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Sunday, May 31, 2015


In Emlyn Williams’ effective, if very old-fashioned, ‘well-made’ play, a stubbornly pragmatic, middle-aged teacher butts heads with a poor but gifted mining town lad, and guides him thru personal missteps to an Oxford scholarship test. An all but foolproof story, and yet its two high-profile adaptations are both near-misses. This 1945 version, with a padded & cosmetically aged Bette Davis, still a decade too young as teacher Miss Moffat; and George Cukor’s 1979 movie-for-tv with Kate Hepburn, all bones & a decade and a half too old. The age factor may not be a deal-breaker, but the play, a sort of gender-reversed PYGMALION affair with autobiographical Welsh accents, is so straightforward that every little detail counts. Cukor’s version also suffers from the structural defects of debuting scripter Ivan Davis (how can you fumble this storyline?), while here, director Irving Rapper can’t make peace with those artificial Warner Bros.’ soundstage exteriors. (You'll find more verisimilitude in this stage-entrance still of Ethel Barrymore’s original B’way production then in either film.)

Still, the basic pull of the story, changing the course of a young man’s life thru knowledge & the right educator, is strong enough to withstand many gaffs. The Davis vehicle now looks a far sight better than Hepburn’s, though a 1969 BBC-Play of the Month with Wendy Hiller, greatest of all Eliza Doolittles as Miss Moffat (that female Henry Higgins) sounds tempting.

DOUBLE-BILL: Find variations on this theme in SPENCER’S MOUNTAIN/’63 and EDUCATING RITA/’83.

SCREWY THOUGHT OF THE DAY: Our German poster gives some idea of the film’s content while Hollywood's steers shy of . . . everything!

Saturday, May 30, 2015


Sixth of the seven self-mocking/self-referential ROAD pics from Bing Crosby, Bob Hope & Dorothy Lamour, it’s the last of the contiguous series via Paramount. (A trip to HONG KONG a decade later was a non-starter with Lamour downgraded to glorified cameo.) Here, the boys are discovered doing their vaudeville act ‘down under’ in Australia. Running away from an over-determined bride, they ship out to dive for treasure, meet up with Princess Lamour and get shipwrecked on a tropical isle where they are greeted as tonight’s main course! Alas, the silly fun of earlier outings now feels a little stale, weighed down by TechniColor, weak songs & reflexive gags. It also doesn’t help that Bing & Dot (in her last starring role) seem a decade older than they did five years back when ROAD TO RIO was the improbable top-grosser of 1948. But hang in there, everything suddenly improves in the extended last act. Better tunes, wild gags that might have come from Frank Tashlin (he’s not credited), some really funny asides from Hope, and a plot that veers into something of a travesty DESIGN FOR LIVING with Lamour wanting a two-fer; an accidental lip-lock for the boys before they go thru a marriage ceremony & share a honeymoon bed. With weirder things to come. After this, they really had nowhere to go.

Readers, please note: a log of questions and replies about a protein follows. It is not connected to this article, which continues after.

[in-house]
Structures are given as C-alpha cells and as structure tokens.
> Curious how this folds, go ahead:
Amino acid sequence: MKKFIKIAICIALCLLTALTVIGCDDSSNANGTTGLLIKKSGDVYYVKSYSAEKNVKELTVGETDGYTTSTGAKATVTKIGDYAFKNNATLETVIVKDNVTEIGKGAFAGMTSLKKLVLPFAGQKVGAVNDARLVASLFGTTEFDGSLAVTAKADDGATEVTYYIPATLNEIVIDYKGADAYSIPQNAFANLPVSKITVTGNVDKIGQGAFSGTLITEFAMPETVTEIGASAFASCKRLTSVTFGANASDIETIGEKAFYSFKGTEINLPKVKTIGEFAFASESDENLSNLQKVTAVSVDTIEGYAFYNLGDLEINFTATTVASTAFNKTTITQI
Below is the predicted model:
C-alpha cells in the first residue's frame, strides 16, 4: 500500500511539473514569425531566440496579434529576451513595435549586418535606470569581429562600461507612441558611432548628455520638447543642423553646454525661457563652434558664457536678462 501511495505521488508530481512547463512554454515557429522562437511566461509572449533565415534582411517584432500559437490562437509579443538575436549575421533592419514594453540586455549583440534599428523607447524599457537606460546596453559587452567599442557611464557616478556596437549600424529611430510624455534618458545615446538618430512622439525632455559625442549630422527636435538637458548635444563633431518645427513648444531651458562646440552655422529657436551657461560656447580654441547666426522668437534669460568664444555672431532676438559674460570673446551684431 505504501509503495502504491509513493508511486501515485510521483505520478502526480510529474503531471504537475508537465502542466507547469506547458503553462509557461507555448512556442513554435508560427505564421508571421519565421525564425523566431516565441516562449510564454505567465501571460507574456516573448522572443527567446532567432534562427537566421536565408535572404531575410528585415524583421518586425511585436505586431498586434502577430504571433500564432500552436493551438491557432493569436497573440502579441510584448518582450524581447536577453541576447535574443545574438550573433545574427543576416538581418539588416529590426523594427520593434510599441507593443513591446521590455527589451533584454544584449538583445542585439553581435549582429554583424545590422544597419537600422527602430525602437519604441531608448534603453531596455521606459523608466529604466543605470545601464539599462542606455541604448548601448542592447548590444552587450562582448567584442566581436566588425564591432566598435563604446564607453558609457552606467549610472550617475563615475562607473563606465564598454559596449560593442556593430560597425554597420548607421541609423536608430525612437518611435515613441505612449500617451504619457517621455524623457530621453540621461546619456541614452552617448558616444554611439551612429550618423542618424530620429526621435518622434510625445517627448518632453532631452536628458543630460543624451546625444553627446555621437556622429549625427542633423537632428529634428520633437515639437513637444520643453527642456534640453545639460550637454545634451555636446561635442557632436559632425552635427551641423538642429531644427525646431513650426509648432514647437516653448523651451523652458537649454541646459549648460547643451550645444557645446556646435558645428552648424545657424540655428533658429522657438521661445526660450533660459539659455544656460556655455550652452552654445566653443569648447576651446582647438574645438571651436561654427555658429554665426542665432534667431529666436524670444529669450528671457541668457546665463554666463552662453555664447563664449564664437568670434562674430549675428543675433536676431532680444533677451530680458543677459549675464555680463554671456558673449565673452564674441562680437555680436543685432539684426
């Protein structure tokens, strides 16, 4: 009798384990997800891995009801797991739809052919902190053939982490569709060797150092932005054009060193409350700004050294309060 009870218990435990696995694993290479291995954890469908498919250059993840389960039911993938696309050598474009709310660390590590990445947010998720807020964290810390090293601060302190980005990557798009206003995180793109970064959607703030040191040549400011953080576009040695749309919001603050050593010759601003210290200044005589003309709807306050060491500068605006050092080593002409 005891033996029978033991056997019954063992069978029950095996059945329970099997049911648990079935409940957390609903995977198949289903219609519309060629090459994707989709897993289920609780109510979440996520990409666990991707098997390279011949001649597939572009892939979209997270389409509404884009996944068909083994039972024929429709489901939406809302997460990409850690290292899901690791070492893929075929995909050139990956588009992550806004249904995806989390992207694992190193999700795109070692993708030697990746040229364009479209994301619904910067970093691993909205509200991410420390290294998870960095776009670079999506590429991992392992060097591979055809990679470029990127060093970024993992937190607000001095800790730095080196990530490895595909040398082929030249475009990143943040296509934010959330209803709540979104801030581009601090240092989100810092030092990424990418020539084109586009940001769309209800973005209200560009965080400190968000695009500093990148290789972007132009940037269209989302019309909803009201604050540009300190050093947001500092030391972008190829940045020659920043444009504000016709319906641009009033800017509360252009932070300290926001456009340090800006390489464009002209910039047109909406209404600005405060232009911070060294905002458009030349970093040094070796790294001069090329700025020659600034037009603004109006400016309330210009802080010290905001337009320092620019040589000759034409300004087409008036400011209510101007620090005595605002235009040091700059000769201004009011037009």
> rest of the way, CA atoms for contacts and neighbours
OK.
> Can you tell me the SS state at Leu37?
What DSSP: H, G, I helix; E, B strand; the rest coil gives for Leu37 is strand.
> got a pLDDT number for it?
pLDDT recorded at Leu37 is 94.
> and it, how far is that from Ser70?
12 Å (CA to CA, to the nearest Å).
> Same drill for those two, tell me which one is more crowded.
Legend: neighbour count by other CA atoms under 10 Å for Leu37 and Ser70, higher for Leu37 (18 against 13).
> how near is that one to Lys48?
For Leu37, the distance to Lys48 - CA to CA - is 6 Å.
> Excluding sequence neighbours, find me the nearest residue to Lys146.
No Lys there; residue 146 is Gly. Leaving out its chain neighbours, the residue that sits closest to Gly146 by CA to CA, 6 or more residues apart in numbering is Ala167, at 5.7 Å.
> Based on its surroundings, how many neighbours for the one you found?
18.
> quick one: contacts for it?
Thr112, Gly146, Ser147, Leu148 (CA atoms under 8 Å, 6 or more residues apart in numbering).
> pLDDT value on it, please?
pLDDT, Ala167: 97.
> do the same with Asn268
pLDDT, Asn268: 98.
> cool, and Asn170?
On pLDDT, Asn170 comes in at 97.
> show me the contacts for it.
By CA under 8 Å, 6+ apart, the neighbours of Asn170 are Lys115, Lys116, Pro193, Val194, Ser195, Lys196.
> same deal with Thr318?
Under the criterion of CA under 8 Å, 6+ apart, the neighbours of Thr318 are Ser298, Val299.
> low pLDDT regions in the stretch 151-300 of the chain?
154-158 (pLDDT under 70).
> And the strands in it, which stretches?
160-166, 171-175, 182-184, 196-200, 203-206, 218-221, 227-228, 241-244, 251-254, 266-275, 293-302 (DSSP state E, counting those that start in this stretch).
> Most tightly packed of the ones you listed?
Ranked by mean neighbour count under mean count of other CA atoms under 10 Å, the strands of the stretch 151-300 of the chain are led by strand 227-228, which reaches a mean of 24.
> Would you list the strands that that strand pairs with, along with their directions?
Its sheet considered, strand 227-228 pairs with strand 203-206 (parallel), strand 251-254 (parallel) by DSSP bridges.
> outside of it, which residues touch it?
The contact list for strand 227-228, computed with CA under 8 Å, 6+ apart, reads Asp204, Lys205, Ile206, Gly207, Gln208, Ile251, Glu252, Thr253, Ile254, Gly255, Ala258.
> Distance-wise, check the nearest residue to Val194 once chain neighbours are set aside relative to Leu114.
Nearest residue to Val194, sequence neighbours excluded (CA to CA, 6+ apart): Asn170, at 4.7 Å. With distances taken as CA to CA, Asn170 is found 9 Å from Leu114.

DOUBLE-BILL: Go all the way back to ROAD TO SINGAPORE/’40 to see how it all started. The formula isn’t quite in place yet which turns out to be a good thing.

Friday, May 29, 2015

O'HORTEN (2007)

After a discouraging shot at Stateside filmmaking (FACTOTUM/’05), Bent Hamer returned to his native Norway for this modest-to-a-fault coming-of-retirement-age fable. Odd O’Horten is a 67 yr-old train engineer who misses his own farewell after-party; misses his final train run; misses the lights-out call at his health club; heck, even his favorite pipe goes missing. With few acquaintances, let alone friends, only his mother holds an emotional claim, and she’s lost to senility. Yet, over the course of a few days, while trying to find a rhythm to his new life as retiree, Odd (yep, that’s his first name) has a series of serendipitous meetings, adventures & personal revelations that wake up his inner life, a world of regrets & feelings he never thought he had in him. It’s easy to see what Hamer’s aiming at, but Odd’s near Job-like acceptance of what’s next is nearer to pathological passivity than to the classic Holy Fools of, say, Peter Sellers’ Chance in BEING THERE/’79 or silent clown Harry Langdon. They brought us along on their journeys to unlikely bliss, Odd just wants to keep his pipe lit.

DOUBLE-BILL: Often lumped together with Finnish filmmaker Aki Kaurismäki, the comparison does Hamer few favors. Try an early Kaurismäki like SHADOWS IN PARADISE/’86 or ARIEL/’88, marvels of supple wit, color composition, legerdemain narrative, believable character reversals, and big unexpected laughs.

Thursday, May 28, 2015